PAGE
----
I just passed myself gliding by in a black gondola.

The unimaginable has happened. I, Carla Adelasia Menotti, just encountered an identical Carla Adelasia Menotti, smiling menacingly at me from a black-draped gondola. She was not l’imitatore, the impersonator who has become famous for imitating me. She was not an adoring fan dressed up as me. She was – and I do not and cannot lie – me. I was close enough to touch her. When our boats were side by side, she lunged for me, but I drew away in horror. If she ever succeeds in touching me, I am fini.

As soon as she passed us, I start with the questions. “Did you see her?” I ask my gondolier Marco, a family friend who doubles as my bodyguard. He looks at me in surprise. “I saw nothing,” he insists. “Who wants me dead?” “No one, signora. You are beloved by the world.” He has been trained to flatter me, but this time I want the truth. “Perhaps that evil man, my husband? He has always been jealous of my popularity. Perhaps he wants the fame for himself.” “He is devoted to you. As we all are, bella.” Sometimes Marco is too familiar, but right now I could use a little adoration. I give him a radiant smile.

I relax a little, trailing my slim, elegant fingers in the water. We’re on our way to a private film screening. Everyone who matters will be there. As always, I will be the unsurpassed star. Perhaps I’m just a bit nervous, imagining things. That gondola – it didn’t exist, did it? I look up and down the canal and see nothing but the usual tourists and city travelers. I breathe a sigh of relief. We’re almost to the landing. Then, from nowhere, a splashing of oars, my own throaty laugh.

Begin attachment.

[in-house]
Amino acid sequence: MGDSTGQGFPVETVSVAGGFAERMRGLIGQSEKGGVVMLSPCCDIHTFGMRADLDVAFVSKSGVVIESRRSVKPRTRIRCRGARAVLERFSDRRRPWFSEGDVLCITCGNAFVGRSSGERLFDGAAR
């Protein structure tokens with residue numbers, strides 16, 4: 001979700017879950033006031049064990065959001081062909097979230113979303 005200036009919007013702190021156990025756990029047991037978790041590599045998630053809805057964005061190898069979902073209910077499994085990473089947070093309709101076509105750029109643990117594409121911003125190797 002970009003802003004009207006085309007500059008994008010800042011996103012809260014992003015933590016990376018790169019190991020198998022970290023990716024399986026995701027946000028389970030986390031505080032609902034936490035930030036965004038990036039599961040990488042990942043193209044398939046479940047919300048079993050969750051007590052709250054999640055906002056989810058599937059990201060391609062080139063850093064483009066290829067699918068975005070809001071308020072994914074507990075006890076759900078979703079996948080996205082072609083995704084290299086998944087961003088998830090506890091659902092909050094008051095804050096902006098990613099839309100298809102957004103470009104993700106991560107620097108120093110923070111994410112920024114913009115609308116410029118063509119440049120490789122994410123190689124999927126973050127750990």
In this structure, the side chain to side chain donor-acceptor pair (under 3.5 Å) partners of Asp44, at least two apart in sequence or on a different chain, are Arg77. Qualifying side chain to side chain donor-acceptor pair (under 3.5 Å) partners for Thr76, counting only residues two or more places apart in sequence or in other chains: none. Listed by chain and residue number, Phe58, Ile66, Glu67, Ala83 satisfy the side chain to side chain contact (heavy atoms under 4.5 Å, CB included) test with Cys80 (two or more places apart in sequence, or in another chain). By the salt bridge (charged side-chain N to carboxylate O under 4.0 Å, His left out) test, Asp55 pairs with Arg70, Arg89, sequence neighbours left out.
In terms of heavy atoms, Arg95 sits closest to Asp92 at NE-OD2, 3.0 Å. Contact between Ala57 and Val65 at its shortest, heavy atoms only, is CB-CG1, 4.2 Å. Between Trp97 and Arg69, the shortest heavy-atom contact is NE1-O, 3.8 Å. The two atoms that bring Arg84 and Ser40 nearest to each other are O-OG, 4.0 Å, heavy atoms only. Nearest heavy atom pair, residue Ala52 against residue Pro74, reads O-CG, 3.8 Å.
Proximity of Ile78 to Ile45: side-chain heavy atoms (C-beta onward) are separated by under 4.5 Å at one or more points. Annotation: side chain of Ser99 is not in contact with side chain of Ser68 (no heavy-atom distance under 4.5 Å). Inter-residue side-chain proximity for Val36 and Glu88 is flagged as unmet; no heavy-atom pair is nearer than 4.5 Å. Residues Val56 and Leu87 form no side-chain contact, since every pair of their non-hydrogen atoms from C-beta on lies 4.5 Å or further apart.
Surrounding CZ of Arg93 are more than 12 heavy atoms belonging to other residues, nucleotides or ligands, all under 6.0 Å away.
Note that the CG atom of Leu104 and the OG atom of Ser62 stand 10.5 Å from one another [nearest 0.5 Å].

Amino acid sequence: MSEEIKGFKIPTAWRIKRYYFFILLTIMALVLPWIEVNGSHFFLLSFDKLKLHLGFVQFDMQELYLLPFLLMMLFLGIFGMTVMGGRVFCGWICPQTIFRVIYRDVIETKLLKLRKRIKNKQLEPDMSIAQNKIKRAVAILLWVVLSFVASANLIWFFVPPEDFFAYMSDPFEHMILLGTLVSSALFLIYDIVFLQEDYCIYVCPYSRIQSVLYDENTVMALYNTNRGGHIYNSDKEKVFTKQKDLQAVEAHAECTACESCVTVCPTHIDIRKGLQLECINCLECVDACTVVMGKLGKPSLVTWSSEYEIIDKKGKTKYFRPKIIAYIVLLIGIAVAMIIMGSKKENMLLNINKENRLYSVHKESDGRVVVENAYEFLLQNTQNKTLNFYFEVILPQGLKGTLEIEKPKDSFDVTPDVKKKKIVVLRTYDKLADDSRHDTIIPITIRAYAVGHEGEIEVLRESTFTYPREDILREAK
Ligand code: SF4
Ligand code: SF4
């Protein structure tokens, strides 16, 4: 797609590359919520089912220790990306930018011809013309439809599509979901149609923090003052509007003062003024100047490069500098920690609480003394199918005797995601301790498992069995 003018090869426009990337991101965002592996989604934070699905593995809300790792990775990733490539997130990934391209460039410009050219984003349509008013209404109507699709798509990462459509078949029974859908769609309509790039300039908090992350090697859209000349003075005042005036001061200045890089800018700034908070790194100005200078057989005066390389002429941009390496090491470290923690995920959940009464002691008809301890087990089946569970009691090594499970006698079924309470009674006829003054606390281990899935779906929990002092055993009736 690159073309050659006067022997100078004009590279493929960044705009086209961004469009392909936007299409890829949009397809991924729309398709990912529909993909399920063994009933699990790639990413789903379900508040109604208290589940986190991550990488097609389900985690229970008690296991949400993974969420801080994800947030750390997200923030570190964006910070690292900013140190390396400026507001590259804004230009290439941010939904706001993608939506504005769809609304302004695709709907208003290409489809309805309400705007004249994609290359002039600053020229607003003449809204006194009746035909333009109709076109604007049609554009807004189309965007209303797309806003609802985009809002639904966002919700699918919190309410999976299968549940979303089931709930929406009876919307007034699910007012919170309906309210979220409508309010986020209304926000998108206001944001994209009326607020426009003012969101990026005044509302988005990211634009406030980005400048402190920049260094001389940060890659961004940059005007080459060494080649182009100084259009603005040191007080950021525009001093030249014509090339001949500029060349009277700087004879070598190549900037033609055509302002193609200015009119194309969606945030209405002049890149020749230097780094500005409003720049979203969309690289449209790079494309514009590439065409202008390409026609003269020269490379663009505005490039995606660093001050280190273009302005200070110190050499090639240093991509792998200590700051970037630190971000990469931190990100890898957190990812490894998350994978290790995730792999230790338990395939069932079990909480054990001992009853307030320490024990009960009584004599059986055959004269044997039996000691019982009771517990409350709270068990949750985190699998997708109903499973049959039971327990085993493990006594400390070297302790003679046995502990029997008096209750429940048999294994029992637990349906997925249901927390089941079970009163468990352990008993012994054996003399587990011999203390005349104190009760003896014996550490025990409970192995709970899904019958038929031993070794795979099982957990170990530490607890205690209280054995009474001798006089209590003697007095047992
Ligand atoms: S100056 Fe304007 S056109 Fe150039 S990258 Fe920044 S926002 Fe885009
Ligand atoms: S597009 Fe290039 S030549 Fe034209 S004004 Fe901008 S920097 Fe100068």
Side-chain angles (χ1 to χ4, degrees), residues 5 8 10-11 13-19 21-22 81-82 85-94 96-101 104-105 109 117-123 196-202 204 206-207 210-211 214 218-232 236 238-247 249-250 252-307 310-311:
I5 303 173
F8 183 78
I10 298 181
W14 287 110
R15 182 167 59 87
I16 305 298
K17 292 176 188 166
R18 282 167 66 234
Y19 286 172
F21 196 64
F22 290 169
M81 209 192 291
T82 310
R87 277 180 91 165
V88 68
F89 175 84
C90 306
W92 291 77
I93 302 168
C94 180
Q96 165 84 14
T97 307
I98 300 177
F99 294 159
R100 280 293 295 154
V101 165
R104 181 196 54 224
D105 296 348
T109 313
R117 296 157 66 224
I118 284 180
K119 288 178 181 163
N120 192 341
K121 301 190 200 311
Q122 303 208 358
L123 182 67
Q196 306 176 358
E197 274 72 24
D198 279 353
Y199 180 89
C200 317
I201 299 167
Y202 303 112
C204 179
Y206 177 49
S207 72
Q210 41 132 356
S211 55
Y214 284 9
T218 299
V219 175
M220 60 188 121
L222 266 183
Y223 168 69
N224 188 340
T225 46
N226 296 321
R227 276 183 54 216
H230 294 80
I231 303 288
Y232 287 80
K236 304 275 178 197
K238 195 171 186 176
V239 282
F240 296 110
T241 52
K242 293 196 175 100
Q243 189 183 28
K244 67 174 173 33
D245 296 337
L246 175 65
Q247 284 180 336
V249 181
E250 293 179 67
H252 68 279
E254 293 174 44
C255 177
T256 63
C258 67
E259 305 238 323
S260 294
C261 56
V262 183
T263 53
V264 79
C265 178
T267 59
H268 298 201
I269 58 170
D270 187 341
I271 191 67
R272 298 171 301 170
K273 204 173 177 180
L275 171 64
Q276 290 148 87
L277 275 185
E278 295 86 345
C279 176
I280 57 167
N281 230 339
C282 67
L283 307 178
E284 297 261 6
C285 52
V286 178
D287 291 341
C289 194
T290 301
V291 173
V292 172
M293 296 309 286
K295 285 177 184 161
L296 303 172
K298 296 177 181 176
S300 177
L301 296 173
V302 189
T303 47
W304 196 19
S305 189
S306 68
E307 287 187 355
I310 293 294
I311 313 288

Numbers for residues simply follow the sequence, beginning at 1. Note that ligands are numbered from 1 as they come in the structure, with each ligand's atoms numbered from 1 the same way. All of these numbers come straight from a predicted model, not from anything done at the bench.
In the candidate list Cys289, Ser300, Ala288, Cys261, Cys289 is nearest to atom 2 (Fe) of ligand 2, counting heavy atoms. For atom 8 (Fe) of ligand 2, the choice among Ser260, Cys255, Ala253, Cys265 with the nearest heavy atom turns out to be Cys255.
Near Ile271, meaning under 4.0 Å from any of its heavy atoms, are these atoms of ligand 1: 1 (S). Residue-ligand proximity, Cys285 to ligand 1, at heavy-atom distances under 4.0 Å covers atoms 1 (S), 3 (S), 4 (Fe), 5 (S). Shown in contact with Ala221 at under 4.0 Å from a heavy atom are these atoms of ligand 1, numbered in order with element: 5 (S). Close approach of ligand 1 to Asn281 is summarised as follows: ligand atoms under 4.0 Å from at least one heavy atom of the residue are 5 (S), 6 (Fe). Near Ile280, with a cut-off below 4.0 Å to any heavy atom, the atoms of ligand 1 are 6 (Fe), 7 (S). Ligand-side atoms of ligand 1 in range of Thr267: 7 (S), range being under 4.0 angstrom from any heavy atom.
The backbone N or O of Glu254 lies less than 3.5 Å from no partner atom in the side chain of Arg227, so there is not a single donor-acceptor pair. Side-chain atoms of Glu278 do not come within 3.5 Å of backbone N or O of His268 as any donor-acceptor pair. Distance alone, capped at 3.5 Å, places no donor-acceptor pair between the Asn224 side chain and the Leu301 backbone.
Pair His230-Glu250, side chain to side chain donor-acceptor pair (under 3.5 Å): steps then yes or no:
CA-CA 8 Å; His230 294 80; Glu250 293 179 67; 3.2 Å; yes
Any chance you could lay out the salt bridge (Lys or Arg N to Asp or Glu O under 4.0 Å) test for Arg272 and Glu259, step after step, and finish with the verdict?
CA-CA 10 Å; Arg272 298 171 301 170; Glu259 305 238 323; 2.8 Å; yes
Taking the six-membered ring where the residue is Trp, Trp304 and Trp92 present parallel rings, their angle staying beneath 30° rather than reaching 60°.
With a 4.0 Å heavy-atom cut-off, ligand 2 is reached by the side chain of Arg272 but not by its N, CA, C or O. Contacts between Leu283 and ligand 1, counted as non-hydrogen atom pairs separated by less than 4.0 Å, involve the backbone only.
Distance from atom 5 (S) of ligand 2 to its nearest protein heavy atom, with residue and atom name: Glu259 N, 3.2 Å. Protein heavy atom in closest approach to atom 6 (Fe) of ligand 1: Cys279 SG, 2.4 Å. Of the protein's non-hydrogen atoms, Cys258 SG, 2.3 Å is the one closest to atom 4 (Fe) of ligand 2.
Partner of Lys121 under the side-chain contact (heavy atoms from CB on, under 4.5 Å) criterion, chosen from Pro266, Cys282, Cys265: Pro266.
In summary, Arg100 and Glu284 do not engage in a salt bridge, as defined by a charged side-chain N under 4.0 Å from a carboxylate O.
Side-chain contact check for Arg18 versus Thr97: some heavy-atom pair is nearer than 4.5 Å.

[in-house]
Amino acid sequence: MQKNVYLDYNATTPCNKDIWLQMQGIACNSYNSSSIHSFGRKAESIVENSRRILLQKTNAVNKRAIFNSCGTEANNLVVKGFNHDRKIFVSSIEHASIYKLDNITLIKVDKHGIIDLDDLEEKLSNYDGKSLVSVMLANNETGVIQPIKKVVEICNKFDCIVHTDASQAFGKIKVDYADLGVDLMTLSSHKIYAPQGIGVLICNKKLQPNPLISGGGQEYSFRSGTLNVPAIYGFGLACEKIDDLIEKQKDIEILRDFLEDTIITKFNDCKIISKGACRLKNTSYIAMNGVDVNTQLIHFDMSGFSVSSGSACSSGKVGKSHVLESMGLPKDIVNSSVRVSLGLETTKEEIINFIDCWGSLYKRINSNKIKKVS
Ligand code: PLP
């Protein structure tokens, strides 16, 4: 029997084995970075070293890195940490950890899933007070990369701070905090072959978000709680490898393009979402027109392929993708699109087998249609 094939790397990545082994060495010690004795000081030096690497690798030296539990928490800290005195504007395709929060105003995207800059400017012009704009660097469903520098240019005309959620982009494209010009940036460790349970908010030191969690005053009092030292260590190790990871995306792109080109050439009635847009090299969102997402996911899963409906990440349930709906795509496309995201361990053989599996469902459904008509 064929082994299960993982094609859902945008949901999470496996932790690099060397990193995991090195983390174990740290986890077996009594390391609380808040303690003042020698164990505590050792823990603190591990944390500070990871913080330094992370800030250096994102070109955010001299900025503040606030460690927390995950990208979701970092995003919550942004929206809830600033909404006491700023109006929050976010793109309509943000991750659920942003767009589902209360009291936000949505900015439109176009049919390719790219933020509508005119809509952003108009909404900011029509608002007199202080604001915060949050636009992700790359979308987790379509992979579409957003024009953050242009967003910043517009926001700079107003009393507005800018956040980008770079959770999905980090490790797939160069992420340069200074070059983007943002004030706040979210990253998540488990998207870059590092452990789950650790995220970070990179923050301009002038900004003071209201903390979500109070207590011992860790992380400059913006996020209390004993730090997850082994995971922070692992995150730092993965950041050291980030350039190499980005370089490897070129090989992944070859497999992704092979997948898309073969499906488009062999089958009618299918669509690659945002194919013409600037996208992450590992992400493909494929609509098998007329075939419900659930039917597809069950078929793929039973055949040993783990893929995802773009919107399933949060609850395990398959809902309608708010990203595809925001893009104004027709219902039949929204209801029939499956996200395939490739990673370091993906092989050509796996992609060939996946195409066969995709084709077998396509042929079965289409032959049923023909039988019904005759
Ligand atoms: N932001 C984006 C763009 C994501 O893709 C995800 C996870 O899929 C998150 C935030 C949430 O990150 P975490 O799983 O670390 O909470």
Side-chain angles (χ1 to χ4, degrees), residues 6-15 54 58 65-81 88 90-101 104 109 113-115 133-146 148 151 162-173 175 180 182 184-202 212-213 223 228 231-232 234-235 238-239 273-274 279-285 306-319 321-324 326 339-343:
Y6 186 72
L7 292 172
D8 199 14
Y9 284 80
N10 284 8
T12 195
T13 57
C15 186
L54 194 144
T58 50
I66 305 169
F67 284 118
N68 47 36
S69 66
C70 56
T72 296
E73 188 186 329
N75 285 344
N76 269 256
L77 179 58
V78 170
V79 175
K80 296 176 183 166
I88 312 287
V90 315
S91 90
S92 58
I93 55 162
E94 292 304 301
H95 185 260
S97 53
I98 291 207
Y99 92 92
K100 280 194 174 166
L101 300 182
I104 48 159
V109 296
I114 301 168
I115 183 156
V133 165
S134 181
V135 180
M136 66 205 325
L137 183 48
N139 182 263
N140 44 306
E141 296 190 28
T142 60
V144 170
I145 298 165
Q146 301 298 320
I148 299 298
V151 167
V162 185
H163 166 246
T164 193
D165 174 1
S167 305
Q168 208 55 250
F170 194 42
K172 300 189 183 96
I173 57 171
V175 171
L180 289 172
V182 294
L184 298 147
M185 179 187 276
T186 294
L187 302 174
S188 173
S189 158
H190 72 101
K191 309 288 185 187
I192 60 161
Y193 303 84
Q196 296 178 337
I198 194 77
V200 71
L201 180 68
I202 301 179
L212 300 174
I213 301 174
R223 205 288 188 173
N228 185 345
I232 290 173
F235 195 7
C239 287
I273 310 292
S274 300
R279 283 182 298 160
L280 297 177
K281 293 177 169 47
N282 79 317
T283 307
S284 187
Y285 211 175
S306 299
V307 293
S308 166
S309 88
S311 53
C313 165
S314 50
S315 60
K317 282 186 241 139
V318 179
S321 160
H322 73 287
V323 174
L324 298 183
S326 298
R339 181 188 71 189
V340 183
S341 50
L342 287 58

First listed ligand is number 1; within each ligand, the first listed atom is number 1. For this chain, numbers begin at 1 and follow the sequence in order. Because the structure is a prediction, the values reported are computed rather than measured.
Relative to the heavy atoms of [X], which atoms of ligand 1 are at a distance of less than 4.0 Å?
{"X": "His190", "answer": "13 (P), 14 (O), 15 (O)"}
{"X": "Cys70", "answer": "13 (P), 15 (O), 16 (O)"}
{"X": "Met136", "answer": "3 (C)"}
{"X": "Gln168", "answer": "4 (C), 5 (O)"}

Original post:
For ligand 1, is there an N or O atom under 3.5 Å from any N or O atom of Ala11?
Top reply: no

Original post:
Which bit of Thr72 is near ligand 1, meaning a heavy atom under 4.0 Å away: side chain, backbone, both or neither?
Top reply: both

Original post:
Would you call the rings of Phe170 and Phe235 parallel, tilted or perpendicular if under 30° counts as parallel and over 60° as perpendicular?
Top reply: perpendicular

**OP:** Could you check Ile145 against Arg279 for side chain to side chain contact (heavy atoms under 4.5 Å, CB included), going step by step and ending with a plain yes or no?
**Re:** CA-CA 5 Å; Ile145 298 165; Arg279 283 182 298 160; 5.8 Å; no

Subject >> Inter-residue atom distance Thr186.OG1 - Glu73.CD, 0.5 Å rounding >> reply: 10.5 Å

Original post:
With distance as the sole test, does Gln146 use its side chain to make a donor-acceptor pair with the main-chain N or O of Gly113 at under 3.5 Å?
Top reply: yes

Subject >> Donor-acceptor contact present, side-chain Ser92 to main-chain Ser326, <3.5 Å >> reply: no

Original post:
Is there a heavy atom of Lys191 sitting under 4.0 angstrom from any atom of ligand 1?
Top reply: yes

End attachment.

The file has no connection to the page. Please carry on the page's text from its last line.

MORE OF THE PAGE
“Holy Mother of God! Faster, Marco, faster!” He tries, but cannot escape the black spectre, my dark twin. The funeral-draped gondola is inches away.

Carla Adelasia Menotti leans forward to touch me. “Padre nostro, che sei nei cieli,” I pray frantically, pleading.

5 1 vote
Post Rating
Comments without a personalized avatar will not be published.
26 Comments
Oldest
Newest Most Voted
Inline Feedbacks
View all comments
David Ross
David Ross(@david-ross)
1 year ago

The final lines (“Then, from nowhere…”) spur the imagination and abruptly refigure the narrator, intimating a person deeper than the public personality. Does death restore us to ourselves and thus arrive in the guise of the self? 

Greene M Wills
Greene M Wills(@greene-m-wills)
1 year ago

Wow! I absolutely loved this tale of the adored diva who will succumb to herself. One wonders if the doppelganger exists or it’s just her fame about to devour her. Her final prayer is a touch of genius. Will it be answered?

Comments without a personalized avatar will not be published.
Greene M Wills
Greene M Wills(@greene-m-wills)
Reply to  Fuji
1 year ago

Lo sentira’ Fuji! After all God invented languages after the Babel tower right?

Sandra James
Sandra James(@sandra-james)
1 year ago

A powerful story, Fuji. Like Greene, I wondered if the doppelganger was really there or just her own fears. Perhaps she will be fini, or maybe she will learn a lesson in humility. Well done 🙂

Comments without a personalized avatar will not be published.
Christer Norrlof
Christer Norrlof(@christer-norrlof)
1 year ago